The U.S. Court of Appeals for the D.C. Circuit recently affirmed the dismissal of a False Claims Act (“FCA”) complaint in United States ex rel. Shea v. Cellco Partnership, 2014 WL 1394687 (D.C. Cir. Apr. 11, 2014) for failure to meet the statute’s “first-to-file” rule, which provides that “[w]hen a person brings an action under [the FCA], no person other than the Government may intervene or bring a related action based on the facts underlying the pending action.” 31 U.S.C. § 3730(b)(5). In its holding, which turned on the meaning of the term “pending,” the D.C. Circuit became the first circuit court to determine that the first-to-file rule bars subsequently filed, related FCA complaints even when the first-filed action has been dismissed.
The relator in Shea was a former telecommunications consultant for Verizon. In 2007, the relator filed an FCA complaint alleging that Verizon submitted prohibited surcharges to the government for reimbursement under a telecommunications contract. Op. at *1. The government intervened in the action and settled with Verizon in February 2011. Prior to the settlement of the first action, the same relator filed a second FCA complaint in June 2009 that alleged a similar scheme by Verizon to defraud the government under additional contracts with government agencies. Op. at *1-2.
After amending his second complaint in 2012, the district court granted Verizon’s motion to dismiss with prejudice under the FCA’s first-to-file rule, citing the second complaint’s similarity to the allegations in the original 2007 complaint. Op. at *1-2. On appeal, the relator argued that he should be allowed to refile his action because the 2007 complaint had been dismissed under the 2011 settlement and thus was no longer “pending” for the purposes of the first-to-file rule. Id.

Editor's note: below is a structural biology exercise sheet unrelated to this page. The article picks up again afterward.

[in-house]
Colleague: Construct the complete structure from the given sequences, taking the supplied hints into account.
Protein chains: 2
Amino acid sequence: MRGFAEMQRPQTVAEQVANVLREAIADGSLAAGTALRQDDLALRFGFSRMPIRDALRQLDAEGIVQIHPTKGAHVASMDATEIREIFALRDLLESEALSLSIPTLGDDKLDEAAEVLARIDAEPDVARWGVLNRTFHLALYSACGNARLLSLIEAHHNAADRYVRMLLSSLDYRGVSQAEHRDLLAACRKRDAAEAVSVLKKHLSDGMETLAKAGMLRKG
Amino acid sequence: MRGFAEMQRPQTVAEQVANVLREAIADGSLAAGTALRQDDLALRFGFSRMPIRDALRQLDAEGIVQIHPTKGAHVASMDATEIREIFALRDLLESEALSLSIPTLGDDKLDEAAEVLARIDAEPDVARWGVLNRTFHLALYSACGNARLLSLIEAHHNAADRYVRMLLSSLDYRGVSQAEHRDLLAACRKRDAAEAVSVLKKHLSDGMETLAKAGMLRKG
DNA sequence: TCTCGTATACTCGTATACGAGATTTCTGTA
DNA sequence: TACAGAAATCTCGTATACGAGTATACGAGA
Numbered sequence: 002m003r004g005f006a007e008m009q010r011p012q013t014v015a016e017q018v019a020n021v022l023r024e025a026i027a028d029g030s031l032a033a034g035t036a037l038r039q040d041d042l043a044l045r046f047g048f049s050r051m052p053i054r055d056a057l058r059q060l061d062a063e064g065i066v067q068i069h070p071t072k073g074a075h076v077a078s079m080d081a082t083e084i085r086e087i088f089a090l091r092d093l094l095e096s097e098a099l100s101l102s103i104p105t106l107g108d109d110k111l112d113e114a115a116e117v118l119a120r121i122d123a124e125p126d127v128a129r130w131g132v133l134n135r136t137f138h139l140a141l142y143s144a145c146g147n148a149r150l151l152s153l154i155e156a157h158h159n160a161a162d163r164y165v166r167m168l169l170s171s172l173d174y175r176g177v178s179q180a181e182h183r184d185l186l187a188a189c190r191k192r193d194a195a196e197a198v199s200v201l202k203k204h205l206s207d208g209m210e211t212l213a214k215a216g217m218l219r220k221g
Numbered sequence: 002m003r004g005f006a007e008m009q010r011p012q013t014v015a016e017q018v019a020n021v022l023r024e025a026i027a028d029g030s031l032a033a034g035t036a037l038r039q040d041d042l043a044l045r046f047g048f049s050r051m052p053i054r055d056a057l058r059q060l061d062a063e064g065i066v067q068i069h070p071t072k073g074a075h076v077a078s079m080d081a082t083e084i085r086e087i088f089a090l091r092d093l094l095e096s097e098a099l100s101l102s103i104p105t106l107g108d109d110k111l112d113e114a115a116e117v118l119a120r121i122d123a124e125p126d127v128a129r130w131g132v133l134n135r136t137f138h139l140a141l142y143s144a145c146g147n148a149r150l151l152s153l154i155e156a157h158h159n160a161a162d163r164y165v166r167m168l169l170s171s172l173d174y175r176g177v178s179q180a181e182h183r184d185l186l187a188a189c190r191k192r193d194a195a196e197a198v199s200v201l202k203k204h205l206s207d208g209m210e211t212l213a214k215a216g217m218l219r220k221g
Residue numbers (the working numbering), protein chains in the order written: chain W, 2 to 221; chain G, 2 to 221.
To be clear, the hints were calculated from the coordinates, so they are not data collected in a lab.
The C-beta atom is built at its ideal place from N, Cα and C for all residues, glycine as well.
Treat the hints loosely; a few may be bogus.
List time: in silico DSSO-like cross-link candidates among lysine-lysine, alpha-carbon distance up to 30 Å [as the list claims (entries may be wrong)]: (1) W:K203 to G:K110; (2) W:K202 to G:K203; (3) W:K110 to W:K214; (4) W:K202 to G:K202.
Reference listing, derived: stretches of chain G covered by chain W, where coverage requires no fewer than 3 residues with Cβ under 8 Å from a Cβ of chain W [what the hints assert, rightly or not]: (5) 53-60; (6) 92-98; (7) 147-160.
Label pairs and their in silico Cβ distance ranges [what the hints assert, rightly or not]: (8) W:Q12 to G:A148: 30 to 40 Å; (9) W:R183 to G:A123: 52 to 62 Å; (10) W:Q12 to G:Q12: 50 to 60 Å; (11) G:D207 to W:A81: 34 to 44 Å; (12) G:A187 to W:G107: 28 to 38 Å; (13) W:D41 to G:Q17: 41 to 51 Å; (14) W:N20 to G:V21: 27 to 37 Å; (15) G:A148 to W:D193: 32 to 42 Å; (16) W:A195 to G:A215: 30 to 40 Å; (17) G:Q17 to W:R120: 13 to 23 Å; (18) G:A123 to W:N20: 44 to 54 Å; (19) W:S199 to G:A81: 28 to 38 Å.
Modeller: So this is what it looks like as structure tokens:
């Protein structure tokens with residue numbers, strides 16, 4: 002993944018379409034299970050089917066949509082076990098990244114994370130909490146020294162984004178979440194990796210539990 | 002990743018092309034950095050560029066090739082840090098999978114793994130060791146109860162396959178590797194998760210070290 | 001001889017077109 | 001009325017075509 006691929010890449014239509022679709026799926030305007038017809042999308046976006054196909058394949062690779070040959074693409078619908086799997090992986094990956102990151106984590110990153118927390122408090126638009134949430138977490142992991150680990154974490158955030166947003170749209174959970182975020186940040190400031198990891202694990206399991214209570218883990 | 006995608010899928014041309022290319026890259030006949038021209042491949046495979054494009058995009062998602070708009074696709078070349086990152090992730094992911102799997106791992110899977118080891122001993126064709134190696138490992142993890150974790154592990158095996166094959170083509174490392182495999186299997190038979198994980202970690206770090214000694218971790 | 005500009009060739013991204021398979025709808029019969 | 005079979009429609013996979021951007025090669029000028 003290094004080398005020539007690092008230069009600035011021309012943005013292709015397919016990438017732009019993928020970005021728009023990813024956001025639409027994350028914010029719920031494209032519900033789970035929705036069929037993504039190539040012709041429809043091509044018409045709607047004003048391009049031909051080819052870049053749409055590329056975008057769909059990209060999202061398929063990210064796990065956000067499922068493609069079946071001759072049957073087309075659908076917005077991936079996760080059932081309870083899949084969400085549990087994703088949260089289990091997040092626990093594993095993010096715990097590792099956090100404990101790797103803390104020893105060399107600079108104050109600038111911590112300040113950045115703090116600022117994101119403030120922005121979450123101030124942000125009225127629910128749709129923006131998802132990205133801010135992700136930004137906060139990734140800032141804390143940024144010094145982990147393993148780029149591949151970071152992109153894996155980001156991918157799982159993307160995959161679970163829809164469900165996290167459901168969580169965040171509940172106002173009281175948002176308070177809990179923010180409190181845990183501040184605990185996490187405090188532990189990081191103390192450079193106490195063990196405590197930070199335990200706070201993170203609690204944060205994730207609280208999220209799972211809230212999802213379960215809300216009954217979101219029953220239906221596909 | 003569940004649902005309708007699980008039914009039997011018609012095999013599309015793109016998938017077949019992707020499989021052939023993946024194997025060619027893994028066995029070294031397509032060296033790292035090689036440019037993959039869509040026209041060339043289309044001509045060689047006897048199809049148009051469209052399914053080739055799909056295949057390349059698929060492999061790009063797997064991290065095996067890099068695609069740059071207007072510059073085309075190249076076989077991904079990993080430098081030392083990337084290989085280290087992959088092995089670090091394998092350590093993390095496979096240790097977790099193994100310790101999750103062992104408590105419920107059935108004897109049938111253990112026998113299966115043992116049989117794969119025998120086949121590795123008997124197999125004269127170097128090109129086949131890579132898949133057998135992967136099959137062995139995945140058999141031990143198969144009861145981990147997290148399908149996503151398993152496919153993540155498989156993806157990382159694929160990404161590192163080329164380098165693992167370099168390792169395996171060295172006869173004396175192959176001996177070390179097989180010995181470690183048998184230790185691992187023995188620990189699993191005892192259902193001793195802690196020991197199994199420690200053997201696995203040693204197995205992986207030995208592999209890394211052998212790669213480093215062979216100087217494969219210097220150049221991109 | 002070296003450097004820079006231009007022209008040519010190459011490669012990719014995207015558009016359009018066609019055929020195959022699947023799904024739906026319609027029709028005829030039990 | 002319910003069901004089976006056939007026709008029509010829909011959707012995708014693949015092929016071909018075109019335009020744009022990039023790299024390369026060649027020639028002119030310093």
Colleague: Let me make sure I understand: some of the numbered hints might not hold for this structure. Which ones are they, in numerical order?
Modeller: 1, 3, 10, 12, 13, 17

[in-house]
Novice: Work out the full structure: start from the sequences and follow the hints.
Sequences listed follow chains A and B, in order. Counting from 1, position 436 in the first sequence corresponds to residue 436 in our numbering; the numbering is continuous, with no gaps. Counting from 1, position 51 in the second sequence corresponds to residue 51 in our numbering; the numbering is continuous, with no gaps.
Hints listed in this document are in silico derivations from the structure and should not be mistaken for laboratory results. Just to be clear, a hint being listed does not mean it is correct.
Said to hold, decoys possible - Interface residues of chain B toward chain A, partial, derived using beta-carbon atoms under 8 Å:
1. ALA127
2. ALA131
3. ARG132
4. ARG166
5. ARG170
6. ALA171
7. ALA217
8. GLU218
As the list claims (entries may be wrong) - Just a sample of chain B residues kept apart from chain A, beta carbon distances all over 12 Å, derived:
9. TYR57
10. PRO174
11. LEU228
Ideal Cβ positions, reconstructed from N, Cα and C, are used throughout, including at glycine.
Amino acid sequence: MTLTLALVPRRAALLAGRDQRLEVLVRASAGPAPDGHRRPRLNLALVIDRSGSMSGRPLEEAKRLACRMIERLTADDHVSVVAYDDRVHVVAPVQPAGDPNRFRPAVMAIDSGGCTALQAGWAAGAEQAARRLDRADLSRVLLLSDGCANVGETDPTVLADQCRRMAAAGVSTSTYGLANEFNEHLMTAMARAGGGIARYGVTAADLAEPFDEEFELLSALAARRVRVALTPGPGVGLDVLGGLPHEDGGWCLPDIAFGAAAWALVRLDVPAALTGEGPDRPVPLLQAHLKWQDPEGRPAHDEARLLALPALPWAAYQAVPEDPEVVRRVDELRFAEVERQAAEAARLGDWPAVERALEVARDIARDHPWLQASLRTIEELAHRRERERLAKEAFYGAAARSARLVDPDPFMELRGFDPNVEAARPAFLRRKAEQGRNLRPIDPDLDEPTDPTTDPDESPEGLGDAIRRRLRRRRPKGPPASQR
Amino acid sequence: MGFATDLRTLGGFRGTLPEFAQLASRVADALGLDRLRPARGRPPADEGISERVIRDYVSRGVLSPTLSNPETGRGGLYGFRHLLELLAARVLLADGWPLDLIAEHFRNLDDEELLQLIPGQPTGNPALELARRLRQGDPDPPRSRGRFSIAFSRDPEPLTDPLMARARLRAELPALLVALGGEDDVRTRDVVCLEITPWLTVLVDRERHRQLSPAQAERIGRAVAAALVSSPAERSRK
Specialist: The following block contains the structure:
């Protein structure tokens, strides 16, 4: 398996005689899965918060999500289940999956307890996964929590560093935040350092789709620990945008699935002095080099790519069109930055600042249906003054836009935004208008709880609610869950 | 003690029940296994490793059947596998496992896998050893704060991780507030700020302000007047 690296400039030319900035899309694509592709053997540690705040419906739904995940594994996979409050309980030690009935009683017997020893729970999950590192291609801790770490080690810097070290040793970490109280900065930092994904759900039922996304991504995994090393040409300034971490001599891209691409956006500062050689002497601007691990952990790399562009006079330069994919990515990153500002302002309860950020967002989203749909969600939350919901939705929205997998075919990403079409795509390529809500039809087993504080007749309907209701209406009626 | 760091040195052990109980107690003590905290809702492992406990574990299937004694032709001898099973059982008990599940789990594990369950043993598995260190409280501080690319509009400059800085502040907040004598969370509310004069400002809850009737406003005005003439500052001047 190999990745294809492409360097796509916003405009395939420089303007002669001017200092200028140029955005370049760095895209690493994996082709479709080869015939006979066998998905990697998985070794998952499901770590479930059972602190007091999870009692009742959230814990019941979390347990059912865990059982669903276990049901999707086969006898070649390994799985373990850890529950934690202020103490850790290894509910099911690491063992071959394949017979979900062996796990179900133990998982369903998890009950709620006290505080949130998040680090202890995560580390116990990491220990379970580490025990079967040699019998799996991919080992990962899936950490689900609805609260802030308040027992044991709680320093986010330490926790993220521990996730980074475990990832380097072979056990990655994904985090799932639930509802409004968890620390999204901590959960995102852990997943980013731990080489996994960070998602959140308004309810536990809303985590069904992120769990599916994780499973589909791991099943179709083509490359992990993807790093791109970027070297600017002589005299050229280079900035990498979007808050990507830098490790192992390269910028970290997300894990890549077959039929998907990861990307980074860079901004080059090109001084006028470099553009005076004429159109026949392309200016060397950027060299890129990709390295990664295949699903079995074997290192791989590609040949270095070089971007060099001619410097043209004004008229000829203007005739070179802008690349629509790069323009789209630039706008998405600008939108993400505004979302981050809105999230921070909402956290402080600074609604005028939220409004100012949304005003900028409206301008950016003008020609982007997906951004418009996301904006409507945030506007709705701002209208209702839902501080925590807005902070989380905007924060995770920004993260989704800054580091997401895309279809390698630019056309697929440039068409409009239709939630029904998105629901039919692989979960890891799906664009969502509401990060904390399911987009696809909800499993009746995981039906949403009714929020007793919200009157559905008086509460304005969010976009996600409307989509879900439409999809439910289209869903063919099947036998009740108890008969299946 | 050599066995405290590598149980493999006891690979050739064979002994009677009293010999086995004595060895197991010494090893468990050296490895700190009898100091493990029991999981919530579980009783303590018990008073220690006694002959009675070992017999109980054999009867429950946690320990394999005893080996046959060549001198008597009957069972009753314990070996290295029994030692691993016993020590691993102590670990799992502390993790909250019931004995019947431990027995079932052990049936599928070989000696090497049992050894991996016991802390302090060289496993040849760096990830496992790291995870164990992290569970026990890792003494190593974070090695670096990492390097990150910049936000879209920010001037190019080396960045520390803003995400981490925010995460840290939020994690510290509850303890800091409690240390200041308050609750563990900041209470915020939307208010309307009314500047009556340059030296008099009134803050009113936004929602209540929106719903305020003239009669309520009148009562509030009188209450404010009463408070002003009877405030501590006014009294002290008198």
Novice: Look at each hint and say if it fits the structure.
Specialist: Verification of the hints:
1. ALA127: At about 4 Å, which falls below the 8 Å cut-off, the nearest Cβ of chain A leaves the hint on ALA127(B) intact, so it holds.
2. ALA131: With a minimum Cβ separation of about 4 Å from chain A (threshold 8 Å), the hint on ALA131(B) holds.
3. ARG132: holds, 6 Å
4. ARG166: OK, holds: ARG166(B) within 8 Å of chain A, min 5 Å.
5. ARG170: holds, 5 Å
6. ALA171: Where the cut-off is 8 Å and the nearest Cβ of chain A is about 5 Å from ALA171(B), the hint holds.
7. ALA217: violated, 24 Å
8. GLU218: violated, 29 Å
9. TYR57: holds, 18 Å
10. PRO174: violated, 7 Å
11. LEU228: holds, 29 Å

After determining that the two complaints were sufficiently related to trigger the first-to-file rule, the D.C. Circuit in a 2-1 opinion held that the first-to-file rule bars related complaints even when the prior action is no longer active. The D.C. Circuit reasoned that the term “pending” in the statute did not refer to the status of the first-filed complaint, but rather was meant to distinguish the earlier-filed action from the later-filed action. Op. at *4-5. The court further held that the term “pending” did not signal a temporal limit on the applicability of the first-to-file bar. Id. The court reasoned that if the first-to-file rule ceased to apply once the earlier related action was dismissed, relators would be able to file duplicative FCA complaints on the same issues even though the government was already on notice of related frauds through the first-filed complaint. Op. at *5. The D.C. Circuit acknowledged that its interpretation of the statute departed from other circuit court opinions, but it noted that such cases either raised the issue in dicta or did not directly compare the competing definitions of the term “pending.” Op. at *5-6.
Implications of the Court’s Decision
The Shea opinion creates a split in circuit court authority on the applicability of the FCA’s first-to-file bar, an issue that is the subject of a pending petition for review before the Supreme Court. Kellogg Brown & Root Servs., Inc. v. United States ex rel. Carter (Sup. Ct. No. 12-1497). In October 2013, the Supreme Court asked the Solicitor General to file a brief expressing the government’s views on the case. The Carter petition may now be a stronger candidate for Supreme Court review given the D.C. Circuit’s explicit disagreement with its sister circuits on an important threshold for FCA claims.